porting that " ruin/' which he had left.

I cannot end this tribute to my father's friend
and mine, and my own dear and earliest friend's
father, without recording one of the most extra-
ordinary instances of the power of will, under the
pressure of affection, I ever witnessed or heard
of. Dr. Belfrage was twice married. His second
wife was a woman of great sweetness and deli-
cacy, not only of mind, but, to his sorrow, of con-
stitution. She died, after less than a year of
singular and unbroken happiness. There was
no portrait of her. He resolved there should
be one ; and though utterly ignorant of drawing,


he determined to do it himself. No one else
could have such a perfect image of her in his
mind, and he resolved to realize this image. He
got the materials for miniature painting, and,
I think, eight prepared ivory plates. He then
shut himself up from every one, and from every-
thing, for fourteen days, and came out of his
room, wasted and feeble, with one of the plates
(the others he had used and burnt), on which
was a portrait, full of subtle likeness, and drawn
and coloured in a way no one could have dreamt
of having had such an artist. I have seen it ;
and though I never saw the original, I felt that
it must be like, as indeed every one who knew
her said it was. I do not, as I said before,
know anything more remarkable in the history
of human sorrow and resolve.

I remember well that Dr. Belfrage was the
first man I ever heard speak of Free-trade in
religion and in education. It was during the
first election after the Reform Bill, when Sir
John Dalrymple, afterwards Lord Stair, was
canvassing the county of Mid-Lothian. They
were walking in the doctor's garden, Sir
John anxious and gracious. Dr. Belfrage, like,
I believe, every other minister in his body,
was a thorough-going Liberal, what was then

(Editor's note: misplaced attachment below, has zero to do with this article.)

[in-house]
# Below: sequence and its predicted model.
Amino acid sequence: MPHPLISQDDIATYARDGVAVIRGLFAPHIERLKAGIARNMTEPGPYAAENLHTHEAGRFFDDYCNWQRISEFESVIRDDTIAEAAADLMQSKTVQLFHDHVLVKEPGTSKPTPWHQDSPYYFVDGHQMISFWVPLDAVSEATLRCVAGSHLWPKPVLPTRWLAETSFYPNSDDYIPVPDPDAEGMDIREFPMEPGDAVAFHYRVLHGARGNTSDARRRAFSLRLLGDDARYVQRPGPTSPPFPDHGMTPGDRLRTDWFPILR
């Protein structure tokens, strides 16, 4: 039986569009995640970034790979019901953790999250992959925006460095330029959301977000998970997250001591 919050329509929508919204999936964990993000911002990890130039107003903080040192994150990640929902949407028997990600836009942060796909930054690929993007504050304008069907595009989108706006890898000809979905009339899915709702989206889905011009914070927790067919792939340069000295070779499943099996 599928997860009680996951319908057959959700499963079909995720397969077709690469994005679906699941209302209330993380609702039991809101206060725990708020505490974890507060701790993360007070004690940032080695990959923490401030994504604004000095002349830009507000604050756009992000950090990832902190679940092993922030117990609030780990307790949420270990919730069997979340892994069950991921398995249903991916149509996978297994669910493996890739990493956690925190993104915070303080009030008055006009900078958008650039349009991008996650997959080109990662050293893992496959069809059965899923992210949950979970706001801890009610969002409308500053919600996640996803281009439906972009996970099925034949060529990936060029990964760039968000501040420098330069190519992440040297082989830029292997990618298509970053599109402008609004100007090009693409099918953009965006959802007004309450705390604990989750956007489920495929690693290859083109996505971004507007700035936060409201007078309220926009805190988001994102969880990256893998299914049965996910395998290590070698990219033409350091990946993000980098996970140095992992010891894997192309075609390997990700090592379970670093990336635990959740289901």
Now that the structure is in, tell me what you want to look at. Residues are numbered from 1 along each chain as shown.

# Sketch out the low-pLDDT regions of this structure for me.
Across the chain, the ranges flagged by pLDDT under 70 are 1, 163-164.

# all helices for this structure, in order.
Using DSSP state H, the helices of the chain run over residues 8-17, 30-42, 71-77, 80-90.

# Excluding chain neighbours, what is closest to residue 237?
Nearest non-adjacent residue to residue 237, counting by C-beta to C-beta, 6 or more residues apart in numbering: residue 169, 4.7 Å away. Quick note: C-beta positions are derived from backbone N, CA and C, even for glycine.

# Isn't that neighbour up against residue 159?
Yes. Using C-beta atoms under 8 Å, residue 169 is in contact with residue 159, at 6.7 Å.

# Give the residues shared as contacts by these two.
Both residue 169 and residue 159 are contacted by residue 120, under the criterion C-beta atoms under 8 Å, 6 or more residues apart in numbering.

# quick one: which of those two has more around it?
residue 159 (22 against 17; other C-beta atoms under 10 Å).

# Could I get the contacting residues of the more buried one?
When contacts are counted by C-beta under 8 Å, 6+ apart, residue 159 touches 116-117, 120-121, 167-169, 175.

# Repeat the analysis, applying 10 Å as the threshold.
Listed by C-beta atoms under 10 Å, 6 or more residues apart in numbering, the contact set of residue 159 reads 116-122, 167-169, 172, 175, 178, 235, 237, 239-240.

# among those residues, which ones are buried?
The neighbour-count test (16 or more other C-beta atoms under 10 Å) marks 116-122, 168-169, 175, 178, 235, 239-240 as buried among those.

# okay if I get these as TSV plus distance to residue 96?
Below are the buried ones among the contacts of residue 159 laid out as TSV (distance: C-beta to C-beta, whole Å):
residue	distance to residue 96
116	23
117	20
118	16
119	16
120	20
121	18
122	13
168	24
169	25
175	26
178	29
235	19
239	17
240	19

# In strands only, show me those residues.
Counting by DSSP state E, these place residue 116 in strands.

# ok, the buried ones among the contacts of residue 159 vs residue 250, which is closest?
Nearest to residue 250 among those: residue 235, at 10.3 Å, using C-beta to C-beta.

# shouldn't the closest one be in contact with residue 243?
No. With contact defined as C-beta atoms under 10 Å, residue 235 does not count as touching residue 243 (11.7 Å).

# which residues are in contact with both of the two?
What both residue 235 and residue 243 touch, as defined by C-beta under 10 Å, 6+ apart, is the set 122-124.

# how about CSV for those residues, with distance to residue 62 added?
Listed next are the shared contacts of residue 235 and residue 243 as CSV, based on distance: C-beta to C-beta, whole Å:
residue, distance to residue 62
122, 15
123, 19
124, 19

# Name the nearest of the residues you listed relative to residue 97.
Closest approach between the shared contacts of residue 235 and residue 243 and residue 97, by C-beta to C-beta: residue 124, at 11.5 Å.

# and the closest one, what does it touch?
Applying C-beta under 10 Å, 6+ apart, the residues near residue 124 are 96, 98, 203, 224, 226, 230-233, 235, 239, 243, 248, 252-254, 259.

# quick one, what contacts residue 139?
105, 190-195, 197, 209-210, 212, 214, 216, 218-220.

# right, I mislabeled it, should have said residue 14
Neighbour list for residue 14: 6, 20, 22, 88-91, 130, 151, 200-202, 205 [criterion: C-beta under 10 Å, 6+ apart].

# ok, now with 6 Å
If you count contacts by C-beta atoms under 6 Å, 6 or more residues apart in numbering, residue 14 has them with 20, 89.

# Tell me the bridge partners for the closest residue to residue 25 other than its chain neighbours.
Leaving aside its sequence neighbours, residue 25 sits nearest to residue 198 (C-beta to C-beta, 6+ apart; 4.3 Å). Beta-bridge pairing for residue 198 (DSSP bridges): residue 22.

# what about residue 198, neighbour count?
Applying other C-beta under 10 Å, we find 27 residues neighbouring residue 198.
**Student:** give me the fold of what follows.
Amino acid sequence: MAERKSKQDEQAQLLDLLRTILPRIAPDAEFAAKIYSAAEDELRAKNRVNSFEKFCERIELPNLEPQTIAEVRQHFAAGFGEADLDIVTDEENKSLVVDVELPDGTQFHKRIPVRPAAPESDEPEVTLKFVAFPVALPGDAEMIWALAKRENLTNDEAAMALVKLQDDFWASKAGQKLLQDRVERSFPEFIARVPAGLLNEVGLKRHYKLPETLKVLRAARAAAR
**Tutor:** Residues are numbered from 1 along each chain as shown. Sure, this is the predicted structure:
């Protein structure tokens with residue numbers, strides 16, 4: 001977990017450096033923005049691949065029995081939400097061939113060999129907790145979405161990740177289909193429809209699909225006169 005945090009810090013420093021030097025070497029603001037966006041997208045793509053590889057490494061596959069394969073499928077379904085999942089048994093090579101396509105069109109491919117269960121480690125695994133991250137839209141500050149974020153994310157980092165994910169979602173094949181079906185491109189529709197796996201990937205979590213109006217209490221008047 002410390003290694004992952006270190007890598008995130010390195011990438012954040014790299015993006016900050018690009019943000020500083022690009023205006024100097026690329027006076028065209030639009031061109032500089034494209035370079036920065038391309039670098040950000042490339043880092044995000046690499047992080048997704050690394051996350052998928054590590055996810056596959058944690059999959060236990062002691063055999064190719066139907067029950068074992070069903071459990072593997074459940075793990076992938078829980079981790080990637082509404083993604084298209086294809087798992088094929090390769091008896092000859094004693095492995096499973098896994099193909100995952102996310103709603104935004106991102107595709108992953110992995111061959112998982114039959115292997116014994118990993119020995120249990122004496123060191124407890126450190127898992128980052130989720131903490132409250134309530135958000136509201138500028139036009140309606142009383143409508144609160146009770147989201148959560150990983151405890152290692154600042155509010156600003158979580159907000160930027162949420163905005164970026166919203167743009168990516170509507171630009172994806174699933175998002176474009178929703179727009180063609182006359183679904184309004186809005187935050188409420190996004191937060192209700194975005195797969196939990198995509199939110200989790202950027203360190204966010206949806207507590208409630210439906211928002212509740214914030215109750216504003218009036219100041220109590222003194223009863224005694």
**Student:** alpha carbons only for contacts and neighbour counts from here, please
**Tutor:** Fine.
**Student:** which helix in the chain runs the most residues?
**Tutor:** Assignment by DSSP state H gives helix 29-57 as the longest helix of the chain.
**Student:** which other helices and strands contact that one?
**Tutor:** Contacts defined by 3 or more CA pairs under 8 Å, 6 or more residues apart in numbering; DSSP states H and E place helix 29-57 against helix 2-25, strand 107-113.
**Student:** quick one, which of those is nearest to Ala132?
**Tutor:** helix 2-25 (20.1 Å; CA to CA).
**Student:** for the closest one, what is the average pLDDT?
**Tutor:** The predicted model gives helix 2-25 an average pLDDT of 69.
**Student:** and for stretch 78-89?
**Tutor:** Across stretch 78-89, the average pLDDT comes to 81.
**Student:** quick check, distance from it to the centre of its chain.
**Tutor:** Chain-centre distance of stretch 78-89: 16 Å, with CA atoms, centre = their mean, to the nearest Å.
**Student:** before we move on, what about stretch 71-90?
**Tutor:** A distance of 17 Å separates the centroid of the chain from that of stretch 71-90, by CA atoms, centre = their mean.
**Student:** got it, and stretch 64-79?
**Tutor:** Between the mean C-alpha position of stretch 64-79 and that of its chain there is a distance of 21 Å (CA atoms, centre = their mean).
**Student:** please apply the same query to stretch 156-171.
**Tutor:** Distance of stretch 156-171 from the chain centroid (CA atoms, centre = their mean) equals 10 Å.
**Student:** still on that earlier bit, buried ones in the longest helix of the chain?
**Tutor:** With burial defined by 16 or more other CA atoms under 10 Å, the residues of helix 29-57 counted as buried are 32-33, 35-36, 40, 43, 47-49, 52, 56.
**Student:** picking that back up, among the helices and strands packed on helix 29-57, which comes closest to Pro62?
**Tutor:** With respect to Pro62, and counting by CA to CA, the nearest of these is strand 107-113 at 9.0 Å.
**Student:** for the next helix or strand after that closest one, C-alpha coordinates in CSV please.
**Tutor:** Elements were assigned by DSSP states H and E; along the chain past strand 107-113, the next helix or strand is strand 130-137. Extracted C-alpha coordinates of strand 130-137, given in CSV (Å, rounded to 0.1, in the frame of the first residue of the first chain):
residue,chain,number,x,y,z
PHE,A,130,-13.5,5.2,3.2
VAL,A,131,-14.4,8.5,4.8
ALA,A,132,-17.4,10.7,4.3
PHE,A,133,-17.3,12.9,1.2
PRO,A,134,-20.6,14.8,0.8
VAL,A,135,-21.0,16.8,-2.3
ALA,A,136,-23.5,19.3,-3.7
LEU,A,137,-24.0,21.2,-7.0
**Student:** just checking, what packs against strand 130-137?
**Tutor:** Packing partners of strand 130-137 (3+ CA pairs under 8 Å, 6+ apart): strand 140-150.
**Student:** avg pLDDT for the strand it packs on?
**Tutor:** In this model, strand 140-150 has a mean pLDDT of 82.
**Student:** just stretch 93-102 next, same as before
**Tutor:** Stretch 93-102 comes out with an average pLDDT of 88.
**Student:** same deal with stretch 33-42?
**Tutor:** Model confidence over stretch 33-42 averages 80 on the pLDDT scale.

called a Whig ; but partly from his natural


sense of humour and relish of power, and partly,
I believe, for my benefit, he was putting the
Baronet through his facings with some strict-
ness, opening upon him startling views, and
ending by asking him, " Are you, Sir John,
for free trade in corn, free trade in education,
free-trade in religion 1 I am." Sir John said,
" Well, doctor, I have heard of free-trade in
corn, but never iix the other two." " You'll
hear of them before ten years are gone, Sir John,
or I'm mistaken."

I have said thus much of this to me memorable
man, not only because he was my father's closest
and most powerful personal friend, but because
by his word he probably changed the whole
future course of his life. Devotion to his friends
was one of the chief ends of his life, not caring
much for, and having in the affection of his
heart a warning against the perils and excite-
ment of distinction and energetic public work,
he set himself far more strenuously than for
any selfish object, to promote the triumphs of
those whom his acquired instinct for he knew
men as a shepherd knows his sheep, or " Caveat
Emptor" a horse picked out as deserving them.
He rests in Colinton churchyard,

" Where all that mighty heart is lying still,"

his only child William Henry buried beside him.


But you will think I am writing more about
my father's friends and myself than about him.
In a certain sense we may know a man by his
friends ; a man chooses his friends from har-
mony, not from sameness, just as we would
rather sing in parts than all sing the air. One
man fits into the mind of another not by meet-
ing his points, but by dovetailing; each finds in
the other what he in a double sense wants. This
was true of my father's friends. Dr. Balmer was
like him in mucn more than perhaps any, in
love of books and lonely study, in his general
views of divine truth, and in their metaphysical
and literary likings, but they differed deeply.
Dr. Balrner was serene and just rather than
subtle and profound ; his was the still, trans-
lucent stream, my father's the rapid, and it
might be deep ; on the one you could safely
sail, the other hurried you on, and yet never
were two men, during a long life of intimate
intercourse, more cordial.

But I must close the list ; one only and
the best, the most endeared of them all,
Dr. Heugh. He was, in mental constitution
and temper, perhaps more unlike my father
than any of the others I have mentioned.
His was essentially a practical understanding ;
he was a man of action, a man for men more


than for man, the curious reverse in this of
my father. He delighted in public life, had
a native turn for affairs, for all that society
needs and demands, clear-headed, ready, in-
trepid, adroit; with a fine temper, but keen and
honest, with an argument and a question and
a joke for every one ; not disputatious, but de-
lighting in a brisk argument, fonder of wrest-
ling than of fencing, but ready for action; not
much of a long shot, always keeping his eye on